Do your customers need to like you?
There are many businesses that might focus on delighting the customer, and use ‘customer sat’ as a key measure of success. But customers can be very happy and not buy anything. That doesn’t enable sales success does it? Of course the reality is that both are important. But there’s the conundrum. How does a sales leader manage the joint goals of sales quota and customer satisfaction? On the positive side we can see that happy, delighted customers are more likely to be loyal, and thereby more likely to be returning, to be repeat-buy customers. Happy customers will be more likely to provide good references and even introductions to potential prospects. But do happy customers actually ‘like’ the vendor sales people? Presumably they grew to trust them, otherwise they would not have bought from them, but do they need to like them?
The importance of trust
“TRUST – LIKE – DO THE JOB” these are the 3 key tests of any partnership and a buy/sell
partnership is no different. Customers must trust the vendor. They must like the vendor (meaning their people, especially the sales people). And the vendor must be able to do the job that they promised to do
when they sold their solution. The problem for sales teams is that in an increasingly competitive marketplace there are many, many different providers who are actually perfectly capable of ‘doing the job’. Providing the solution just gets you a seat at the table.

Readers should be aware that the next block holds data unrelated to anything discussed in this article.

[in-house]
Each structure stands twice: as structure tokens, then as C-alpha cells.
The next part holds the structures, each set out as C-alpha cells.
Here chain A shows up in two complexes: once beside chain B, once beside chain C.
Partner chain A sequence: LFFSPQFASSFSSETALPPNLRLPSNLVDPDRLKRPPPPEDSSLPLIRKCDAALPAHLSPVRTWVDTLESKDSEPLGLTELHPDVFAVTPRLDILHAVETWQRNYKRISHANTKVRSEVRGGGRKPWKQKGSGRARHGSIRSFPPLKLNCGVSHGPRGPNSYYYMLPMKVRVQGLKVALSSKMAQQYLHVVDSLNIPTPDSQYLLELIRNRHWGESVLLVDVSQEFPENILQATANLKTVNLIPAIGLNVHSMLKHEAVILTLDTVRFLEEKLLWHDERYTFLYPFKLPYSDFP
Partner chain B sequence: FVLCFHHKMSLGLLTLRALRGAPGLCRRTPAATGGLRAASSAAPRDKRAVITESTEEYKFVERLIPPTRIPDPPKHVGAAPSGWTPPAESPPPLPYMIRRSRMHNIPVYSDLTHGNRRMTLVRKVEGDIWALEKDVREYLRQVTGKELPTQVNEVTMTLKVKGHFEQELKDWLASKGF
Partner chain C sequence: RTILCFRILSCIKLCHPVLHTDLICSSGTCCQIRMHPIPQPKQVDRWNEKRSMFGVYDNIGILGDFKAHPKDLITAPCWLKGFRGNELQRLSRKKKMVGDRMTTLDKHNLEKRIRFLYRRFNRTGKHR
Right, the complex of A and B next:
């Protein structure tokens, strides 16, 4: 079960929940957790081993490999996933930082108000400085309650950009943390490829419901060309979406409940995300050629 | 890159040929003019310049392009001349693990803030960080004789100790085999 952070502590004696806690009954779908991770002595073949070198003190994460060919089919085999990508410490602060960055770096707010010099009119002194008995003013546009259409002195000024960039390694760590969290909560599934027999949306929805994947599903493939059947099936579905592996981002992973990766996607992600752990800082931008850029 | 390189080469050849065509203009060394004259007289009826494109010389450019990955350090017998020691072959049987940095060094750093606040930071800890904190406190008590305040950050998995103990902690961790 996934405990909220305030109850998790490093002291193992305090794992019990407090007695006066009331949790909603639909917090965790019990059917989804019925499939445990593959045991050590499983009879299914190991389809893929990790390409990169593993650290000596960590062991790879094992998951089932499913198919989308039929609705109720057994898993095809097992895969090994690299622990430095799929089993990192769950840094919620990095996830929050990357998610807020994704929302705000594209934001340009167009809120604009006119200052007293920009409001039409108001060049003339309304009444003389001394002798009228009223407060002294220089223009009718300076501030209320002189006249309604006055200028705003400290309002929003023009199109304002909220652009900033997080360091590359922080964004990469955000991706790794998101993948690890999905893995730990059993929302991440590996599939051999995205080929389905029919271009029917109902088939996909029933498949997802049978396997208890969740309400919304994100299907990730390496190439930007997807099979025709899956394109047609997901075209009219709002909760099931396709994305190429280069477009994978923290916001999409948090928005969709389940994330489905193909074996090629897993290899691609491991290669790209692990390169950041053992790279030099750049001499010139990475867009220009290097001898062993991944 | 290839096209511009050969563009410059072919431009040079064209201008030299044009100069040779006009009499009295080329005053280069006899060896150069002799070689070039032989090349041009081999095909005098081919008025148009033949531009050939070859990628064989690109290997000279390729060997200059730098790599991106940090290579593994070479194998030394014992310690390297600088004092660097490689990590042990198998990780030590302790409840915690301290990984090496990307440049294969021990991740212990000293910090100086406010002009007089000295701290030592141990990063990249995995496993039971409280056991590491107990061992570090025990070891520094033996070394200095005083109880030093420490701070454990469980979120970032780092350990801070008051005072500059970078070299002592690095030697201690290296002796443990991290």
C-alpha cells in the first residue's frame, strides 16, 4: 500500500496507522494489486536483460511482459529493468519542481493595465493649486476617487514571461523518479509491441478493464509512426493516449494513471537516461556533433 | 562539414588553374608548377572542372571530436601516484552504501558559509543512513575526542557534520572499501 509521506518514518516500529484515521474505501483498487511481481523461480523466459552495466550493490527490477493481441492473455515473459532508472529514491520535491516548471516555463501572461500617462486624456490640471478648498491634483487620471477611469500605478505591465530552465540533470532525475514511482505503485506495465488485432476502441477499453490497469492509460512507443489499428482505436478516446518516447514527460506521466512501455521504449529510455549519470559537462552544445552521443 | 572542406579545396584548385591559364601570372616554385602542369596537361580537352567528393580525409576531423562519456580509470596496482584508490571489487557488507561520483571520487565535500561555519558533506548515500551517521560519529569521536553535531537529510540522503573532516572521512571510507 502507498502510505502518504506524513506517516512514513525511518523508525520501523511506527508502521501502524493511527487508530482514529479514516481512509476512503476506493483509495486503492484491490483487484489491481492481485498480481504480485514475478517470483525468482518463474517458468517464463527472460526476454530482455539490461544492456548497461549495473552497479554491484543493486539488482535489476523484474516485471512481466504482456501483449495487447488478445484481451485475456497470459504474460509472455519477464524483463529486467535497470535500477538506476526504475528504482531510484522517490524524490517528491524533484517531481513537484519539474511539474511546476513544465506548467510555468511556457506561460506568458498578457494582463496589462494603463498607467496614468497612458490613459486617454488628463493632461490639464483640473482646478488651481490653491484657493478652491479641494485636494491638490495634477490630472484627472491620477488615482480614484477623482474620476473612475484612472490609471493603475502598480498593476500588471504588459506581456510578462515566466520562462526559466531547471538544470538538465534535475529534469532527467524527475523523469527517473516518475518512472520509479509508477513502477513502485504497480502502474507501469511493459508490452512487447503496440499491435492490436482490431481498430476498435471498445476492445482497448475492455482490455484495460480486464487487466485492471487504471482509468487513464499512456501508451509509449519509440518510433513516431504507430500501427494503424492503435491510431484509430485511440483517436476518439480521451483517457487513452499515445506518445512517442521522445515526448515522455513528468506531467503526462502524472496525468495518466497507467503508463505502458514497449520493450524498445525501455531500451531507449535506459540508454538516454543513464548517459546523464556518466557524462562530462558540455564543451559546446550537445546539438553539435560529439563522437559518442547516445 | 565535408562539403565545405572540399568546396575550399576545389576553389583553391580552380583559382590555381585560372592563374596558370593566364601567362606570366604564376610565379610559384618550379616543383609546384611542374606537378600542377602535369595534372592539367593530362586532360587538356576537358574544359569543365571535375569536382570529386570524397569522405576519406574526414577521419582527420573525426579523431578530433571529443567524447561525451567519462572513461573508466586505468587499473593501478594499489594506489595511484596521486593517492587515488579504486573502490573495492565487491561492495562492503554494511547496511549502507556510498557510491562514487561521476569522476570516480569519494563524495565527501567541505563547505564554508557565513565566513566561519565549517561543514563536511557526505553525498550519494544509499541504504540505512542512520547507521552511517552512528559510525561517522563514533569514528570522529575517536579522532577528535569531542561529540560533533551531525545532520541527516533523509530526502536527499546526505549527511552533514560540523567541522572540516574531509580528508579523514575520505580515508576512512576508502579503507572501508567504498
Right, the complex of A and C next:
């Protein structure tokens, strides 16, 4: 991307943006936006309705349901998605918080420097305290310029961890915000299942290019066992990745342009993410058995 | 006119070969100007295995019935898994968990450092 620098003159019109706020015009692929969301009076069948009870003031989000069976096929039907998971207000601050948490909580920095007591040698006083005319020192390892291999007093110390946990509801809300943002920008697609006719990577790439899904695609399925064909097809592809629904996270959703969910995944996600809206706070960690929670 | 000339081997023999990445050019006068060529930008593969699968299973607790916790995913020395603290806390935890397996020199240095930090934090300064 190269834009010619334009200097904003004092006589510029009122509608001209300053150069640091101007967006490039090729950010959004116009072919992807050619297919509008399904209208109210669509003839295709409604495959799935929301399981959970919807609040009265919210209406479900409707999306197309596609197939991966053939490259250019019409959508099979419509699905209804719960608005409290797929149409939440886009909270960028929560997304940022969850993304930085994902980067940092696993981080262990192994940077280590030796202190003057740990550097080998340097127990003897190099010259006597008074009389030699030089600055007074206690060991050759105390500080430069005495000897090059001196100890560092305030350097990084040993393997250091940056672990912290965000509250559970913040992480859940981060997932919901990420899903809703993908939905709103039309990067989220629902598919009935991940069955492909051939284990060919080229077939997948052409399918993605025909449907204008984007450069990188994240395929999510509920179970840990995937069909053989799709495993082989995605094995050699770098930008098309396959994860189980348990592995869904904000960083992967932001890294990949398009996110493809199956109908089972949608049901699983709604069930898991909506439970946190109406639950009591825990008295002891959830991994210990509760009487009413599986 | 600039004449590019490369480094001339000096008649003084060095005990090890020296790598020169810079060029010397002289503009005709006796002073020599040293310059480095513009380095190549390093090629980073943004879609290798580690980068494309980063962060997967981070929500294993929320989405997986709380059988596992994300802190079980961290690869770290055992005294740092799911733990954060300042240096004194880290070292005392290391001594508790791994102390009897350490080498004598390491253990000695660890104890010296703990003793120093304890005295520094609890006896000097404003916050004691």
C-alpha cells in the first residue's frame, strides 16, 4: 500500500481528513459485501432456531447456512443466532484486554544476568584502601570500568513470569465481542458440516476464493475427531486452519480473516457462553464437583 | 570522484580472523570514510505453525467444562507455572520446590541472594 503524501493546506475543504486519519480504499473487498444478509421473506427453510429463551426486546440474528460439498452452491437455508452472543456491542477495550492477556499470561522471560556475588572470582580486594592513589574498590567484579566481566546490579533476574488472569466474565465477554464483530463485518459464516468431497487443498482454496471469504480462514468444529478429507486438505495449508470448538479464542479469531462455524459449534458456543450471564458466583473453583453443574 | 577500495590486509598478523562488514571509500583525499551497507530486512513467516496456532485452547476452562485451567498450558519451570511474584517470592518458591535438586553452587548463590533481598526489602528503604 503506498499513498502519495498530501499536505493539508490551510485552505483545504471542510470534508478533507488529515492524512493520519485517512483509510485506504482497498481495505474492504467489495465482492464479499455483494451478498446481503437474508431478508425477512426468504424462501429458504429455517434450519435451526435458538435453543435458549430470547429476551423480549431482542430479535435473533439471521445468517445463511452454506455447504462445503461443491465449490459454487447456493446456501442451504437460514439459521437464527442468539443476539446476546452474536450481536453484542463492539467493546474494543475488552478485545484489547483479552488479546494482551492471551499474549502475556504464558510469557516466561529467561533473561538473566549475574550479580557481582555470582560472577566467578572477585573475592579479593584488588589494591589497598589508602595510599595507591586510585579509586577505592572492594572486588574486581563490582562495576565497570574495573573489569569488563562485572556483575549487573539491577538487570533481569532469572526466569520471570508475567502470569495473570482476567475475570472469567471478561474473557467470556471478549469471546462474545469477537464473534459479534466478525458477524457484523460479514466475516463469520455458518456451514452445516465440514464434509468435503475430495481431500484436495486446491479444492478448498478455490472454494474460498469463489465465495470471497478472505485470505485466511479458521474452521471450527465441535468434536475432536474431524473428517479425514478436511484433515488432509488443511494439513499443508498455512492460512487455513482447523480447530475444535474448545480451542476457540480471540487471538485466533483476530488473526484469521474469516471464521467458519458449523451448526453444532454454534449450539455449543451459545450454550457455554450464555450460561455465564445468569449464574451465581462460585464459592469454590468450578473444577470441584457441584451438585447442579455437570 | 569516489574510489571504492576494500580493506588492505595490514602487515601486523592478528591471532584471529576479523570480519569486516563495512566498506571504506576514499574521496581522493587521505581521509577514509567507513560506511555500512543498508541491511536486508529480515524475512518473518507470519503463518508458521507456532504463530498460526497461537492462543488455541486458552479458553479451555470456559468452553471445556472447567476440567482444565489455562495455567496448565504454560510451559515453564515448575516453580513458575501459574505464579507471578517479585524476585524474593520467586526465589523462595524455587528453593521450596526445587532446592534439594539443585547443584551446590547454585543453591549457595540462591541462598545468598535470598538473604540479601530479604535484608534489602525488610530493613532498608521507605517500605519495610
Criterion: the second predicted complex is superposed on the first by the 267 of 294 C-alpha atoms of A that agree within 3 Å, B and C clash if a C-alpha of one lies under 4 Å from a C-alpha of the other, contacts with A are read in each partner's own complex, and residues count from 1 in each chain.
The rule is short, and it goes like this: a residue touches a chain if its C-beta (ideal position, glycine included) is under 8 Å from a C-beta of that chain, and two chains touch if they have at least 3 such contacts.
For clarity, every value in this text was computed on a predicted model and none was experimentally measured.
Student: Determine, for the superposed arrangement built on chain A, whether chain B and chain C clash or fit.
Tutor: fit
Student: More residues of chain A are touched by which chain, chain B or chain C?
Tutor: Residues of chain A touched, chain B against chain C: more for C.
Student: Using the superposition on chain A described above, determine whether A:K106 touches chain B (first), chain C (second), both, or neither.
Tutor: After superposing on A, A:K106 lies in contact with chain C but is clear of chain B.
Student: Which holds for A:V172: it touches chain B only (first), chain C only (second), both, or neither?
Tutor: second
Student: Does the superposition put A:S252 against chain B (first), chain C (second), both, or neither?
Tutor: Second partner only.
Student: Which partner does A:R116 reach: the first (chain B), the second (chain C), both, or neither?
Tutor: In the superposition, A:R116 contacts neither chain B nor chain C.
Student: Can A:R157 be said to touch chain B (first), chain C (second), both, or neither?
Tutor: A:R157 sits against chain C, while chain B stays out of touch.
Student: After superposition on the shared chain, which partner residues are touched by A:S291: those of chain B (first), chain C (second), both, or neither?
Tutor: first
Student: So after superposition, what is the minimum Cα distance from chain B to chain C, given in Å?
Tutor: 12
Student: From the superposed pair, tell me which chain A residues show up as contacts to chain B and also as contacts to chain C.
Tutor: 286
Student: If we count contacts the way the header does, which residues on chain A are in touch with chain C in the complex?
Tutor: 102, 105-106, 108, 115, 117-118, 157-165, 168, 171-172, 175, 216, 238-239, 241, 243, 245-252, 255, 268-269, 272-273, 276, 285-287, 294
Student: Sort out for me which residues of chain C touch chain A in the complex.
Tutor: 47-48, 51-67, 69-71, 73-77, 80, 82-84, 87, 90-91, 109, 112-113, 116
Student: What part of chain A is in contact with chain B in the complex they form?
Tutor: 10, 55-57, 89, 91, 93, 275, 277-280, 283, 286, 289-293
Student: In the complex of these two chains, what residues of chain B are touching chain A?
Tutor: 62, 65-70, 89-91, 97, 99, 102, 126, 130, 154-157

How customers decide to buy
Customers make buying decisions based on the sales team and the service, support, implementation team that they feel they can trust and the one that they feel they will actually enjoy working with.
If you are selling a complex solution, or a solution which will involve a long-term vendor/customer relationship, being ‘liked’ is as important as providing a win-win solution. You’re going to be in this together for the long-term. It’s not enough just to be able to say you made quota this year when you made the sale if you lose all the other sales in the future. Or is it?
The answer probably lies in whether you work for a company or a manager who only cares about the quarterly numbers, or one with an eye on long-term, sustainable success.
The importance of customer satisfaction